"CBS This Morning" co-host John Dickerson shares his thoughts on the big stories of the week in our series Reporter's Notebook. Across the country, schools are opening their doors to begin a new year. Many classrooms have evolved to reflect modern times, trading chalkboards for dry-erase boards and textbooks for iPads, but there's something to be said for tradition. In this installment, he examines the use of one of the most basic writing instruments -- and the nostalgia that comes with it.
School is starting again and I am sharpening my pencils. That's not a metaphor. I am actually sharpening pencils. I am not currently enrolled anywhere, but when summer ends, and the school supplies season starts I am reminded of the smell of the cedar, the click of the box lid, and the chime of what rattled inside.
A survey of friends and colleagues suggests this is a shared memory. We were all lucky enough to start the year with fresh, new school supplies. But this is not nostalgia. We are still lucky to retain that start-of-school spark that those boxes of pencils represent. The fresh beginning, the idea of creativity to come and that our lives can be orderly and sharp. Give us the tools and we can finish the job.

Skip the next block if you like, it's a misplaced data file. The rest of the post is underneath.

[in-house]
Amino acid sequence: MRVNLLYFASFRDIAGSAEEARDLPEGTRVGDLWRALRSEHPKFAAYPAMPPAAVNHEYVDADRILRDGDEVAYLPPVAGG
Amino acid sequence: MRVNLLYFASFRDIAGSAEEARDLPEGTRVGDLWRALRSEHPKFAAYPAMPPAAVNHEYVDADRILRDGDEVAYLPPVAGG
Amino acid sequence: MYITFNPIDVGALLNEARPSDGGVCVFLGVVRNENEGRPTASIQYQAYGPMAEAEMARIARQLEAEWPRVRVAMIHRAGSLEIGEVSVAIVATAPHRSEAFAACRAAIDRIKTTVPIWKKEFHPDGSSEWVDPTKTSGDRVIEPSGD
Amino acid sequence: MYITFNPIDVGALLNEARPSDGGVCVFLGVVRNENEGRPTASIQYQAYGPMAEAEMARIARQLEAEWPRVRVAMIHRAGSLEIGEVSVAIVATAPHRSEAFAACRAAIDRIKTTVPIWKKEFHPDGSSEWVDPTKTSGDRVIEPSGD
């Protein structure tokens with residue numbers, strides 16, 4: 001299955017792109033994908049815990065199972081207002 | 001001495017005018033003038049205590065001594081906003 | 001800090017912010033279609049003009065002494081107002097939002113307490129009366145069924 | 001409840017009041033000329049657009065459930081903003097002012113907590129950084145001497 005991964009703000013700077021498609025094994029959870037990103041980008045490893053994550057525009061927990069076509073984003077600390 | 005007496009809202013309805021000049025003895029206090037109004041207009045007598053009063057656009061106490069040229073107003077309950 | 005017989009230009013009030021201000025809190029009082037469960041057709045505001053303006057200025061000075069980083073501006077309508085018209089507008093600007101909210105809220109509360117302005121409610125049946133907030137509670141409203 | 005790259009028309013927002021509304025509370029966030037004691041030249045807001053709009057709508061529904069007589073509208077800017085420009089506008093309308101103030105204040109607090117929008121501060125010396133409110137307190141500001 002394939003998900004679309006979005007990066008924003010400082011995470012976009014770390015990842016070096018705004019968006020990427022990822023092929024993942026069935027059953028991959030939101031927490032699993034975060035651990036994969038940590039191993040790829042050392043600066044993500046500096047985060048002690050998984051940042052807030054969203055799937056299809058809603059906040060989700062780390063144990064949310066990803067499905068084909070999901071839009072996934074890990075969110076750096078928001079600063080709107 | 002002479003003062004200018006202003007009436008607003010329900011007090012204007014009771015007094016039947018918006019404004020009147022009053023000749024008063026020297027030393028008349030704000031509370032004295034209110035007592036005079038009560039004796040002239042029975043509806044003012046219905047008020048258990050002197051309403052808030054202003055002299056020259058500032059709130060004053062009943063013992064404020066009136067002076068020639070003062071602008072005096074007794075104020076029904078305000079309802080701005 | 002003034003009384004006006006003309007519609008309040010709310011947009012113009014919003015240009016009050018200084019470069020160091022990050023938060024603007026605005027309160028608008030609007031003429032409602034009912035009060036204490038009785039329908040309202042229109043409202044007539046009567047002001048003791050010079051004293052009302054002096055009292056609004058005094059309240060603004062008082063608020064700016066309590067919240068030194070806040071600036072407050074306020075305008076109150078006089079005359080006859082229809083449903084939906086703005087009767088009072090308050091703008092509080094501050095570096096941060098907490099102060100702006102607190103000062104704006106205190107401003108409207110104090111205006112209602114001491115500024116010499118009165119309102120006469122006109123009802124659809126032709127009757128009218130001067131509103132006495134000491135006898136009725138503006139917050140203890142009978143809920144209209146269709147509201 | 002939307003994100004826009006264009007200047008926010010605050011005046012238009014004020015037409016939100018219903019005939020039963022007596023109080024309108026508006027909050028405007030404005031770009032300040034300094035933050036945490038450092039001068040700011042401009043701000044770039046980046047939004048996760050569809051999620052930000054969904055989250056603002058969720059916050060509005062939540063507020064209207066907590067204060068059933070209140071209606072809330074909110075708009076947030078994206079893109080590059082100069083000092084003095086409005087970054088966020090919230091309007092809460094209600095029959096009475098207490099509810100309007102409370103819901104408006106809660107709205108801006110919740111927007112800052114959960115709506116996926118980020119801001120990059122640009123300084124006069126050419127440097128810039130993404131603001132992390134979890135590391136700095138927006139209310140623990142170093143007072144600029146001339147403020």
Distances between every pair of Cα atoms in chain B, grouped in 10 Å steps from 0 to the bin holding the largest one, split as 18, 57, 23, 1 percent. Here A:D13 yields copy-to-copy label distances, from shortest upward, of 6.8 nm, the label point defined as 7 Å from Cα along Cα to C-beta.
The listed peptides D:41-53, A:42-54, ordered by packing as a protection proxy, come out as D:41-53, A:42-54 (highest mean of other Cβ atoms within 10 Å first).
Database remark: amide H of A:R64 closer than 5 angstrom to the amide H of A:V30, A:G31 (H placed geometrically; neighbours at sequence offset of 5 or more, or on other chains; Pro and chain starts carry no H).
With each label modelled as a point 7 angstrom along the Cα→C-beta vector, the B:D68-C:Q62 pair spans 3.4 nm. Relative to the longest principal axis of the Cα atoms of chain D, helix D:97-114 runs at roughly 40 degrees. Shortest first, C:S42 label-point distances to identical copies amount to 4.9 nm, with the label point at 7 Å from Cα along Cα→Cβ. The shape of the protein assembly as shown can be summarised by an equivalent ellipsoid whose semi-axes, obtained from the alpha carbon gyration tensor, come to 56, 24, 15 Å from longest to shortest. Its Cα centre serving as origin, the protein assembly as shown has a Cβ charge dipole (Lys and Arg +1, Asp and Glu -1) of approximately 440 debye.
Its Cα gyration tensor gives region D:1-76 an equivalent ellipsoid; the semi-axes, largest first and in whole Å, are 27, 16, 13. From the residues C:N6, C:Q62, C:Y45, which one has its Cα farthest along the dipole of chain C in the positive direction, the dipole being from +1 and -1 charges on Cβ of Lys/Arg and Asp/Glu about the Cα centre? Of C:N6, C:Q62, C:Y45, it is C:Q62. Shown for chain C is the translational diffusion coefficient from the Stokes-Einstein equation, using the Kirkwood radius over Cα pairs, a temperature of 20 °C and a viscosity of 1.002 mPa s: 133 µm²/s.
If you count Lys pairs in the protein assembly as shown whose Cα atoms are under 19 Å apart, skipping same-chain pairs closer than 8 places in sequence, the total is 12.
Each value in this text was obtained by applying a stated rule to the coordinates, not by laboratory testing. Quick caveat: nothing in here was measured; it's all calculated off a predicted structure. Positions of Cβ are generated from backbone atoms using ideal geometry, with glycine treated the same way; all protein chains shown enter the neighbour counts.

The humble instrument has also been on my mind recently because single-use tools help us escape from technology. There is no other distracting functionality. A watch tells time, a notebook for the to-do list and a pencil for writing. It's like the slow food movement but for work. We know that writing by hand helps us retain information longer because it connects us with the process. The pages curl as we press words down onto them. Those words don't go skittering off somewhere into a computer screen. When we pause to sharpen it is the gentle interruption that is necessary for creativity and innovation.
Proof that pencils help us live deliberately is that author Henry David Thoreau at one point created the most popular pencil in America. To escape modernity he moved off into the woods, which is not an option available to us. But to reconnect with those essential feelings of promise from those early days at the bus stop, we might all start with a box of pencils.